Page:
LEADS combines the academic rigor of a Harvard Business School course with experiential learning opportunities in Lawrence and Boston, helping participants develop skills to better position their businesses and organizations for growth, while also building their capacity and commitment as civic leaders. Through its success, the LEADS program has now scaled regionally, with programming in Lowell and Haverhill, with other Massachusetts Gateway Cities planned in the future.
The Lawrence Police Station
For decades, the City of Lawrence has suffered the challenges of an outdated, outgrown, and dilapidated old police station, limiting the ability of residents to effectively interact with police, as well as the effectiveness of law enforcement in the city. In 2014, NECC President Lane Glenn (then Chair of the Partnership), State Senator Barry Finegold, and former Mayor of Lawrence Dan Rivera, with the support of the Partnership’s Board of Directors, organized an effort to build a new police station and launch a police academy for the Merrimack Valley.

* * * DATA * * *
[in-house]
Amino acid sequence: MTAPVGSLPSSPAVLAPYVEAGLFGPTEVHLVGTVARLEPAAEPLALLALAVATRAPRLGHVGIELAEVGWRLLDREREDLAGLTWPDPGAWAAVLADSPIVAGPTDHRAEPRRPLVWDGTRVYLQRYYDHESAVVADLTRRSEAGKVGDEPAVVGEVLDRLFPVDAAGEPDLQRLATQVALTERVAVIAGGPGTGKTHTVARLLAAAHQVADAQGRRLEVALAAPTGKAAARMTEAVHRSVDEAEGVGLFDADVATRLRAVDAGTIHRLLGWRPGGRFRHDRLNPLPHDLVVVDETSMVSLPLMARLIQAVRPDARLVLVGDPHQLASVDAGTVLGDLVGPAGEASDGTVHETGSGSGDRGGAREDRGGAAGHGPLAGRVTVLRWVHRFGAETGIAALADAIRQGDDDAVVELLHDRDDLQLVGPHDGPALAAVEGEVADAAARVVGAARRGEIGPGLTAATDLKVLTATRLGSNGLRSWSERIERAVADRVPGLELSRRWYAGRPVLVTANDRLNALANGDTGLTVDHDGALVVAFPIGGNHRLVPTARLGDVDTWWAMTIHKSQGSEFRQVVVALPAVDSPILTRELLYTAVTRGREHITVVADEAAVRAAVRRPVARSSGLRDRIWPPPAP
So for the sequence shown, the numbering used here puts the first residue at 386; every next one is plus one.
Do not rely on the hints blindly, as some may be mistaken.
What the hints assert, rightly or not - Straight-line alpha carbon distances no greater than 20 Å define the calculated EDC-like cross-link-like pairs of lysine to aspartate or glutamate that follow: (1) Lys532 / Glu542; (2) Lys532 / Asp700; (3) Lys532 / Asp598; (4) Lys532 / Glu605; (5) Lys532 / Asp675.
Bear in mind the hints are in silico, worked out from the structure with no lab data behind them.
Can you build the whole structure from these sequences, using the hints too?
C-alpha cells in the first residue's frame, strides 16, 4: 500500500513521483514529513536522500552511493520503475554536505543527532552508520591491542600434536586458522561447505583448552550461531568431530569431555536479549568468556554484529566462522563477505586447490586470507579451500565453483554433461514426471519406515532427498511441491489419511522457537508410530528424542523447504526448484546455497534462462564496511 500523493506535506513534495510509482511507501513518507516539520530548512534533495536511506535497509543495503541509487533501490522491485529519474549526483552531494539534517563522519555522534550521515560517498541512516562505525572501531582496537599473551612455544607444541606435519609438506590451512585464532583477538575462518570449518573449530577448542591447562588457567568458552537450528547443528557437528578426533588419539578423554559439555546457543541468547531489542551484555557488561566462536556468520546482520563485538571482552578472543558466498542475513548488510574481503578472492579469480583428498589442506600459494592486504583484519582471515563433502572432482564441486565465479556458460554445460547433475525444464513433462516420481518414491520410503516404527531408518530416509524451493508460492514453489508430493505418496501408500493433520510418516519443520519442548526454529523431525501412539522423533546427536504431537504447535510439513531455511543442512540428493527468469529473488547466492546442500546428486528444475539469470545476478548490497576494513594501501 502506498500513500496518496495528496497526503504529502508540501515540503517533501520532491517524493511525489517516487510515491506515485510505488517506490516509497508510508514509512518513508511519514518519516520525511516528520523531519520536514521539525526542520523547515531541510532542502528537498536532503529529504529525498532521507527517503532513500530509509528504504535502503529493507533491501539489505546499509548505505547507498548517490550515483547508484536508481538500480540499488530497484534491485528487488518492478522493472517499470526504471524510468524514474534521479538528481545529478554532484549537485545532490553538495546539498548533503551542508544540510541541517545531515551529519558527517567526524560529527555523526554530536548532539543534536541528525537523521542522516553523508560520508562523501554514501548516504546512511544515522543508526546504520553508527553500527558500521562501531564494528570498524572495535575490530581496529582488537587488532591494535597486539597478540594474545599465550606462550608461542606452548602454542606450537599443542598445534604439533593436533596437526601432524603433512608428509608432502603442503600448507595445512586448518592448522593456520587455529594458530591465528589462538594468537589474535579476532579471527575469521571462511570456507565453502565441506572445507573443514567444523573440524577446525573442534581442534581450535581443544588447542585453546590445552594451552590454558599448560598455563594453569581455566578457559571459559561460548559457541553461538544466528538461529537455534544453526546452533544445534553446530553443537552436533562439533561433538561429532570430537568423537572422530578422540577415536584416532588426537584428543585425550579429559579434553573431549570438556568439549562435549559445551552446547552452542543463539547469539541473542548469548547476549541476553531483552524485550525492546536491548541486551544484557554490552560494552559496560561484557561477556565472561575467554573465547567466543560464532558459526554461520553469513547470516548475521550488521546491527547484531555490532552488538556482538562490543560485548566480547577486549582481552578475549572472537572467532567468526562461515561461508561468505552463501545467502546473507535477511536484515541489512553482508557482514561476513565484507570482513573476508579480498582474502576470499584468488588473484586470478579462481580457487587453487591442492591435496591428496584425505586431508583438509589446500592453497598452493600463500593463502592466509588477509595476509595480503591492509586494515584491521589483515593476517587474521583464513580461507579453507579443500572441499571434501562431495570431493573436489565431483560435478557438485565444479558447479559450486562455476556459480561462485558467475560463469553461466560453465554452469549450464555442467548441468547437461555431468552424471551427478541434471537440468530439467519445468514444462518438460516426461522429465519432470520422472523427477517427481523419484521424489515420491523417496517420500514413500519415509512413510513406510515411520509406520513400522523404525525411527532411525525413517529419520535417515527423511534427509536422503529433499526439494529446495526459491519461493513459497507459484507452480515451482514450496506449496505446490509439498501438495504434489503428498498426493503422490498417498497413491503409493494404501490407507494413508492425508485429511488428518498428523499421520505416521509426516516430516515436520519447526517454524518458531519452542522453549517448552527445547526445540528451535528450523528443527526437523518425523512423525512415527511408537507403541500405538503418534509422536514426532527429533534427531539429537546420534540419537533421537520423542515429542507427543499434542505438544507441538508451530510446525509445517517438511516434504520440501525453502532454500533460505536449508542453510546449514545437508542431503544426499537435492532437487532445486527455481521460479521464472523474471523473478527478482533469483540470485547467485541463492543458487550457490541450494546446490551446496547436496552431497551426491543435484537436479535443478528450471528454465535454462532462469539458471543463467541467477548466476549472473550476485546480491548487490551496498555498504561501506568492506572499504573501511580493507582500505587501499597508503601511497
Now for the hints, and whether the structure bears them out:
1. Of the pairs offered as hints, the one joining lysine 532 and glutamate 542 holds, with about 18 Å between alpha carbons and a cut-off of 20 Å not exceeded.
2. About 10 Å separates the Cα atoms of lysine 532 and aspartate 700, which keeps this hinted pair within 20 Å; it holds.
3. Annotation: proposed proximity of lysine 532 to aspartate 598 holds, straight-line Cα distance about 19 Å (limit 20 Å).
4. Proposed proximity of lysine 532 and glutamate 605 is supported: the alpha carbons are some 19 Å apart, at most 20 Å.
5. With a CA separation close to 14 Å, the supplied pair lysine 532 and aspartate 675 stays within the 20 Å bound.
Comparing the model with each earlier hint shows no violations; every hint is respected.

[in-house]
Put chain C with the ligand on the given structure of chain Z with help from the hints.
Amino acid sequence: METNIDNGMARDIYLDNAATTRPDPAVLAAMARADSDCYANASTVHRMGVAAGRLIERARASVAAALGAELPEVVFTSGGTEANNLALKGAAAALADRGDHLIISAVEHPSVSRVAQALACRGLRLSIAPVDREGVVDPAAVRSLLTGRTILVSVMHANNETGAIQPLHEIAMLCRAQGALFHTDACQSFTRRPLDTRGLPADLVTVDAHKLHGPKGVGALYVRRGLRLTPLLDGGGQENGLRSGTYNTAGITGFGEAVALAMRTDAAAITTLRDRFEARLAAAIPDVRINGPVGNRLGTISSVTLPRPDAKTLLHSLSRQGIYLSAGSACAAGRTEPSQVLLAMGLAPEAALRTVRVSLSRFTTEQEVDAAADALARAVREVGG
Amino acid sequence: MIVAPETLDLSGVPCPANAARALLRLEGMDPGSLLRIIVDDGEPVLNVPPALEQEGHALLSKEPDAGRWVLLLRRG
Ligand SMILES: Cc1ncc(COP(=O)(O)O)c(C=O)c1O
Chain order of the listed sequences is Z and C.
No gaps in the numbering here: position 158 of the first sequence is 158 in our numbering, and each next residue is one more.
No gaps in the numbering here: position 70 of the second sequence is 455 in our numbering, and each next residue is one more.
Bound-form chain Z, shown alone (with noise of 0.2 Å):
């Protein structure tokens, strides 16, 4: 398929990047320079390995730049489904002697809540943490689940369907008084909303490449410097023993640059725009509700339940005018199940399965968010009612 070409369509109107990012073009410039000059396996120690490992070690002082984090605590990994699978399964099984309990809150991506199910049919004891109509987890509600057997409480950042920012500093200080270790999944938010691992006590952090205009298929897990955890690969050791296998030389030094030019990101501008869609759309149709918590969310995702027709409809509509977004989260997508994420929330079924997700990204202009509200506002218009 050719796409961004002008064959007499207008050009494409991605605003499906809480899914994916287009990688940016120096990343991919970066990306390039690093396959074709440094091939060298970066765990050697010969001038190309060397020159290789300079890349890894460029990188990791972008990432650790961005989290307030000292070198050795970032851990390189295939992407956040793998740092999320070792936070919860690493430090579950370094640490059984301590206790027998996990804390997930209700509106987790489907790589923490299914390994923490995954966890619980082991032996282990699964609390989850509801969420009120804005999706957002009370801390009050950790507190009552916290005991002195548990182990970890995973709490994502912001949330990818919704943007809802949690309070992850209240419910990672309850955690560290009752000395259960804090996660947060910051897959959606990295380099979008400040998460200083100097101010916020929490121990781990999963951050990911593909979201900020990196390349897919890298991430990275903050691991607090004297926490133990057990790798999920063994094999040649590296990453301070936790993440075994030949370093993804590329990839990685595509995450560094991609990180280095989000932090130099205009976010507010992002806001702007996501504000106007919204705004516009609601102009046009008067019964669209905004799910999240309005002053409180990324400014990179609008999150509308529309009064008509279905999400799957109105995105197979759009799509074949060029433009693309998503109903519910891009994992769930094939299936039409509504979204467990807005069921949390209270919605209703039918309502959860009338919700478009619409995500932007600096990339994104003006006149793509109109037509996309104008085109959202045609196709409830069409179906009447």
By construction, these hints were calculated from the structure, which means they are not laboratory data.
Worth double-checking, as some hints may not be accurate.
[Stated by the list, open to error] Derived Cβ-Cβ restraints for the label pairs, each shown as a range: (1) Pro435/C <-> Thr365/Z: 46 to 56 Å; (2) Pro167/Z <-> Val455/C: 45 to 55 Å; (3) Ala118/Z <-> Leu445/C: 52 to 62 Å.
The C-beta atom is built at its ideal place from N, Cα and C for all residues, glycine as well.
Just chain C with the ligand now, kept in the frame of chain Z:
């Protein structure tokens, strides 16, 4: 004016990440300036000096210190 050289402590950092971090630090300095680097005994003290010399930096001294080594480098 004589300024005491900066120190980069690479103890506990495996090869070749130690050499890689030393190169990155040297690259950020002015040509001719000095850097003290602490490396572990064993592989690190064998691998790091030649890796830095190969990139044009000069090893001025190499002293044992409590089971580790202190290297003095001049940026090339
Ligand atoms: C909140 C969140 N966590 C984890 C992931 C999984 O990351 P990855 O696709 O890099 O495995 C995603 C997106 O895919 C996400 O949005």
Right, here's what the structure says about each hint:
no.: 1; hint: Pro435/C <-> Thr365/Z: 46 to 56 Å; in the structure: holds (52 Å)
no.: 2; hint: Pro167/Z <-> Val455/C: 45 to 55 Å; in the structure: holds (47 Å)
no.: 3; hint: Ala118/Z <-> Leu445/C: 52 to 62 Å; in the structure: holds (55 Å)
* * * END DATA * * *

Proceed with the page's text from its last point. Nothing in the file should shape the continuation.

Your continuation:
NECC started the Merrimack Valley Police Academy in 2015 and it has since become one of the largest academies in the state, producing hundreds of police officers for cities and towns across the Commonwealth. And, after years of planning and advocacy, last year Governor Baker announced that the state would be providing $49M in funding, matched by an additional $10M from the city, to construct a new, state-of-the-art police station by 2023.